Amazon (NASDAQ: AMZN) has laid off over 1,200 delivery drivers in the last couple of months as it severed ties with various small delivery companies within the U.S. The company announced to approximately seven delivery firms, part of its DSP program (delivery service partner), that it would be cutting their contracts.
As a result, the companies revealed that they would be letting go of about 1,205 drivers as well as closing facilities through the Worker Adjustment and Retraining Notification, or WARN, filings presented to state officials recently. The WARN Act enforces that employers give substantial notice, usually 60 days, for big layoffs and factory closures. Ultimately, many of the firms affected by the cuts have been forced to close down locations and halt business.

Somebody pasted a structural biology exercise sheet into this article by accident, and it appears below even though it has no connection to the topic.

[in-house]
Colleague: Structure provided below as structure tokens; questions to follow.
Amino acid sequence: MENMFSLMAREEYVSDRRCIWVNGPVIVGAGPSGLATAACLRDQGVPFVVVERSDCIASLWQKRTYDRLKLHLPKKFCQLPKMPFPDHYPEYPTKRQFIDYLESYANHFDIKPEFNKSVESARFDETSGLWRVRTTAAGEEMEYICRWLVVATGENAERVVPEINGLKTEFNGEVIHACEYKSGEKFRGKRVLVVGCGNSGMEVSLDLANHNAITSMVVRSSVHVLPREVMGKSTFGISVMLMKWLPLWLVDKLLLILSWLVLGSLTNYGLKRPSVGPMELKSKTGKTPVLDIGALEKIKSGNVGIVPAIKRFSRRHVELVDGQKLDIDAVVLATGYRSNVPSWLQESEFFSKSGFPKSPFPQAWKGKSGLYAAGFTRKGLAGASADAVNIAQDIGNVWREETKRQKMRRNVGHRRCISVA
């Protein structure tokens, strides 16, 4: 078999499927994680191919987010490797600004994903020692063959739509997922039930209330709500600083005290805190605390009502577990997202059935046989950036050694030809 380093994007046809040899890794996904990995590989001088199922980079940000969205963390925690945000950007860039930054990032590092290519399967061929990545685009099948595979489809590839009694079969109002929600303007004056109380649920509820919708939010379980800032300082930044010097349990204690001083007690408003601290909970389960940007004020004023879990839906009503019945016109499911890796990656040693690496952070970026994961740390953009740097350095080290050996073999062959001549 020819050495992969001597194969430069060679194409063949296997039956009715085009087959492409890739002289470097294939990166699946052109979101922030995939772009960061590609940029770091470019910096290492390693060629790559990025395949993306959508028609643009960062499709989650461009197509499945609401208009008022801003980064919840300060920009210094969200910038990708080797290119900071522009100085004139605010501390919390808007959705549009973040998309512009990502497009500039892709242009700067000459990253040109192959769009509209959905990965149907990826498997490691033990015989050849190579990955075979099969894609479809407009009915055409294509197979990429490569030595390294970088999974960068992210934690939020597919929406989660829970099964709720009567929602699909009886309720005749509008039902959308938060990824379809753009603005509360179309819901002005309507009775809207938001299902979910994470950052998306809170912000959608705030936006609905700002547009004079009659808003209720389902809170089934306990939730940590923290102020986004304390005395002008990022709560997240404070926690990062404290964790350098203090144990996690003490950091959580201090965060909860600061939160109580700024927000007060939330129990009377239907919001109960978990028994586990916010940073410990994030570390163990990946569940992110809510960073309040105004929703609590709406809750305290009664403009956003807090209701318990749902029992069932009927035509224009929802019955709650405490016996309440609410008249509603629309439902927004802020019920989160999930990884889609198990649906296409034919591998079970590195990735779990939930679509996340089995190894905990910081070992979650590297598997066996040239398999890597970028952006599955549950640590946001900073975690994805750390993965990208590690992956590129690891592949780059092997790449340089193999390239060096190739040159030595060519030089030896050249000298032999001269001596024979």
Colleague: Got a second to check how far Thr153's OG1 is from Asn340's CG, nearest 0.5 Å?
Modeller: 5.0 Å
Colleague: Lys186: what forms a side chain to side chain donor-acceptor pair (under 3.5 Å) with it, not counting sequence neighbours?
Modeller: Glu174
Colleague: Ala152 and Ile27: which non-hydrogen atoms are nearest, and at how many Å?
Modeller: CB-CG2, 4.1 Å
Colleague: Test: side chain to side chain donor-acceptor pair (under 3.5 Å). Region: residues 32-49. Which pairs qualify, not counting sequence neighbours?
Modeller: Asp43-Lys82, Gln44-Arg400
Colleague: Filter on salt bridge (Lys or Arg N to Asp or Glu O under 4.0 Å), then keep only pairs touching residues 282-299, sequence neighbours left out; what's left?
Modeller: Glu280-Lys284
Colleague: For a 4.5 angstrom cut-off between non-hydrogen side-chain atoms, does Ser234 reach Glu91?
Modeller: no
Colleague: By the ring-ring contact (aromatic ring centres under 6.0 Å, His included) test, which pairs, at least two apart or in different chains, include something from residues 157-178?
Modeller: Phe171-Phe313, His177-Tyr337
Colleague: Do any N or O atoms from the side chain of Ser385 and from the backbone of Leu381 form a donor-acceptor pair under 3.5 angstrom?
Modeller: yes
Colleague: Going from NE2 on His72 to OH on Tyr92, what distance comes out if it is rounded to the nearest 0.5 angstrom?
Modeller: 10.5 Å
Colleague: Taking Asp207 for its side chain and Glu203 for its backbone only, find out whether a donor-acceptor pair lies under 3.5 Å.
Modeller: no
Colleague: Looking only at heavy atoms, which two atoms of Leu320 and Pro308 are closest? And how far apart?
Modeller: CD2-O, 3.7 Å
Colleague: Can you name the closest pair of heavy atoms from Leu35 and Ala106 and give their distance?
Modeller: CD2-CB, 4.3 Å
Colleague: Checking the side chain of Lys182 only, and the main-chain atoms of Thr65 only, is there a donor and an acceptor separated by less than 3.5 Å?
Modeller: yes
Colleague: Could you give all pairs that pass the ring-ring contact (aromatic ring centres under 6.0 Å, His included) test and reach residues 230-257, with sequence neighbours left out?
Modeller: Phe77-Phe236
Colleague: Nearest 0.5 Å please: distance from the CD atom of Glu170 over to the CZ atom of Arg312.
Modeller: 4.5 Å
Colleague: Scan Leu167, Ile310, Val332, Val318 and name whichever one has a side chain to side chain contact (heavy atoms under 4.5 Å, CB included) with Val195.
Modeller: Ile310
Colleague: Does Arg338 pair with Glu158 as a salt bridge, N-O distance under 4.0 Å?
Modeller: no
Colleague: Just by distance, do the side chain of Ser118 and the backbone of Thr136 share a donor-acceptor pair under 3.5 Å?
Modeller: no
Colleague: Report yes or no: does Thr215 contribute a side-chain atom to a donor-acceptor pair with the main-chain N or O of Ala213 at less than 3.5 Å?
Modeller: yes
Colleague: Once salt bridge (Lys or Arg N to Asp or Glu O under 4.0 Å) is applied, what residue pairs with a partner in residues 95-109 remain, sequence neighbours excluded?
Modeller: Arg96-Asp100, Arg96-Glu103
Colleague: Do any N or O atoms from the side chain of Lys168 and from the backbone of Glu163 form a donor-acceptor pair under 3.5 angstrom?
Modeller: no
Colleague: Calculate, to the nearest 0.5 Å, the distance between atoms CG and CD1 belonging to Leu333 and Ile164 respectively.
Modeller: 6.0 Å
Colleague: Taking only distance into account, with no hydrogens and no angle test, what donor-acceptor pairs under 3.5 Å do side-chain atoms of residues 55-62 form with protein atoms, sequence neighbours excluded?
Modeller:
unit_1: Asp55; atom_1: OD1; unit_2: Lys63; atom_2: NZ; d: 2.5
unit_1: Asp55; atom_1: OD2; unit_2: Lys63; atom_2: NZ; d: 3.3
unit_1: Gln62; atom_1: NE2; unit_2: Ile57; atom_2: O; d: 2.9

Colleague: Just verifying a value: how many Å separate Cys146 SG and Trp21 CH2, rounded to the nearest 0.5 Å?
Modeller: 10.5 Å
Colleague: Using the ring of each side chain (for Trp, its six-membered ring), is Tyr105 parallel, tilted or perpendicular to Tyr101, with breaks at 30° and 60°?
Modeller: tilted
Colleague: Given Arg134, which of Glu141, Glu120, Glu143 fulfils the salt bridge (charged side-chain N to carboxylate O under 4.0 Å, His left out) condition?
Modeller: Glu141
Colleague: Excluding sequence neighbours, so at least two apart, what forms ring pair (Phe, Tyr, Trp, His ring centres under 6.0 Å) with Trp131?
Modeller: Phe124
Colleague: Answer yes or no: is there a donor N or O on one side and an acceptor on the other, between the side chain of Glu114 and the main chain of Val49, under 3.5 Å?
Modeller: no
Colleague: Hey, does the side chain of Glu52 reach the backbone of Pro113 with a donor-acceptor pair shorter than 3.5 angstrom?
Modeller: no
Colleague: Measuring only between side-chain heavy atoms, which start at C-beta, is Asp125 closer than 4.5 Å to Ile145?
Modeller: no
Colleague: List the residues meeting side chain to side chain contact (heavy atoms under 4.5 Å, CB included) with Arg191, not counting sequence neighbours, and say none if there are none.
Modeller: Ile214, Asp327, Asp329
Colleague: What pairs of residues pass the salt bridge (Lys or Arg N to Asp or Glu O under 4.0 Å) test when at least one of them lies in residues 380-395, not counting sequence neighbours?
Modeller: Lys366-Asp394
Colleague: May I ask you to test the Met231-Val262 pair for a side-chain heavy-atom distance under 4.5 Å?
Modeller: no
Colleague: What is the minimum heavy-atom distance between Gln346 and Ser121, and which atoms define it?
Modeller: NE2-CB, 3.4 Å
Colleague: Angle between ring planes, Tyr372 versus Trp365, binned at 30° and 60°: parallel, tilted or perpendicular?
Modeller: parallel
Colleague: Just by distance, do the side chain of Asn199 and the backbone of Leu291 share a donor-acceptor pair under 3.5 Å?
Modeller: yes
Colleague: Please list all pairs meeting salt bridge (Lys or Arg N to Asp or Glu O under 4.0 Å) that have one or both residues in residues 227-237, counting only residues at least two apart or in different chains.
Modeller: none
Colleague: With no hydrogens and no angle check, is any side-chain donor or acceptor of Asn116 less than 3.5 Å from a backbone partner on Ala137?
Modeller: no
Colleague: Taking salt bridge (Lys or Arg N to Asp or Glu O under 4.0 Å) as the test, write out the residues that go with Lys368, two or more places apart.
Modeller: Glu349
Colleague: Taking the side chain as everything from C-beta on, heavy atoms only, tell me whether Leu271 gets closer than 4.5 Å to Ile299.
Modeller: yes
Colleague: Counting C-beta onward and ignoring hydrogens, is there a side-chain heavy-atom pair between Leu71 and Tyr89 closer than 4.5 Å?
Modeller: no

However, an Amazon spokesperson said in a statement that the multinational technology company frequently assesses its delivery partnerships. A round of layoffs in February resulted in the termination of several carriers including Transportation Brokerage Specialists, Bear Down Logistics, Express Parcel Service and Delivery Force ending in 2,000 layoffs.
“We have ended relationships with some partners and Amazon is working closely with all impacted drivers to ensure they find opportunities to deliver Amazon packages with other local Delivery Service Partners with little to no disruption to pay,” the spokesperson added.
Nevertheless, the delivery service partner program, which started just two years ago, has quickly progressed. Now over 1,300 DSPs exist nationwide, providing 85,000 jobs and accomplishing over 1.8 billion global deliveries.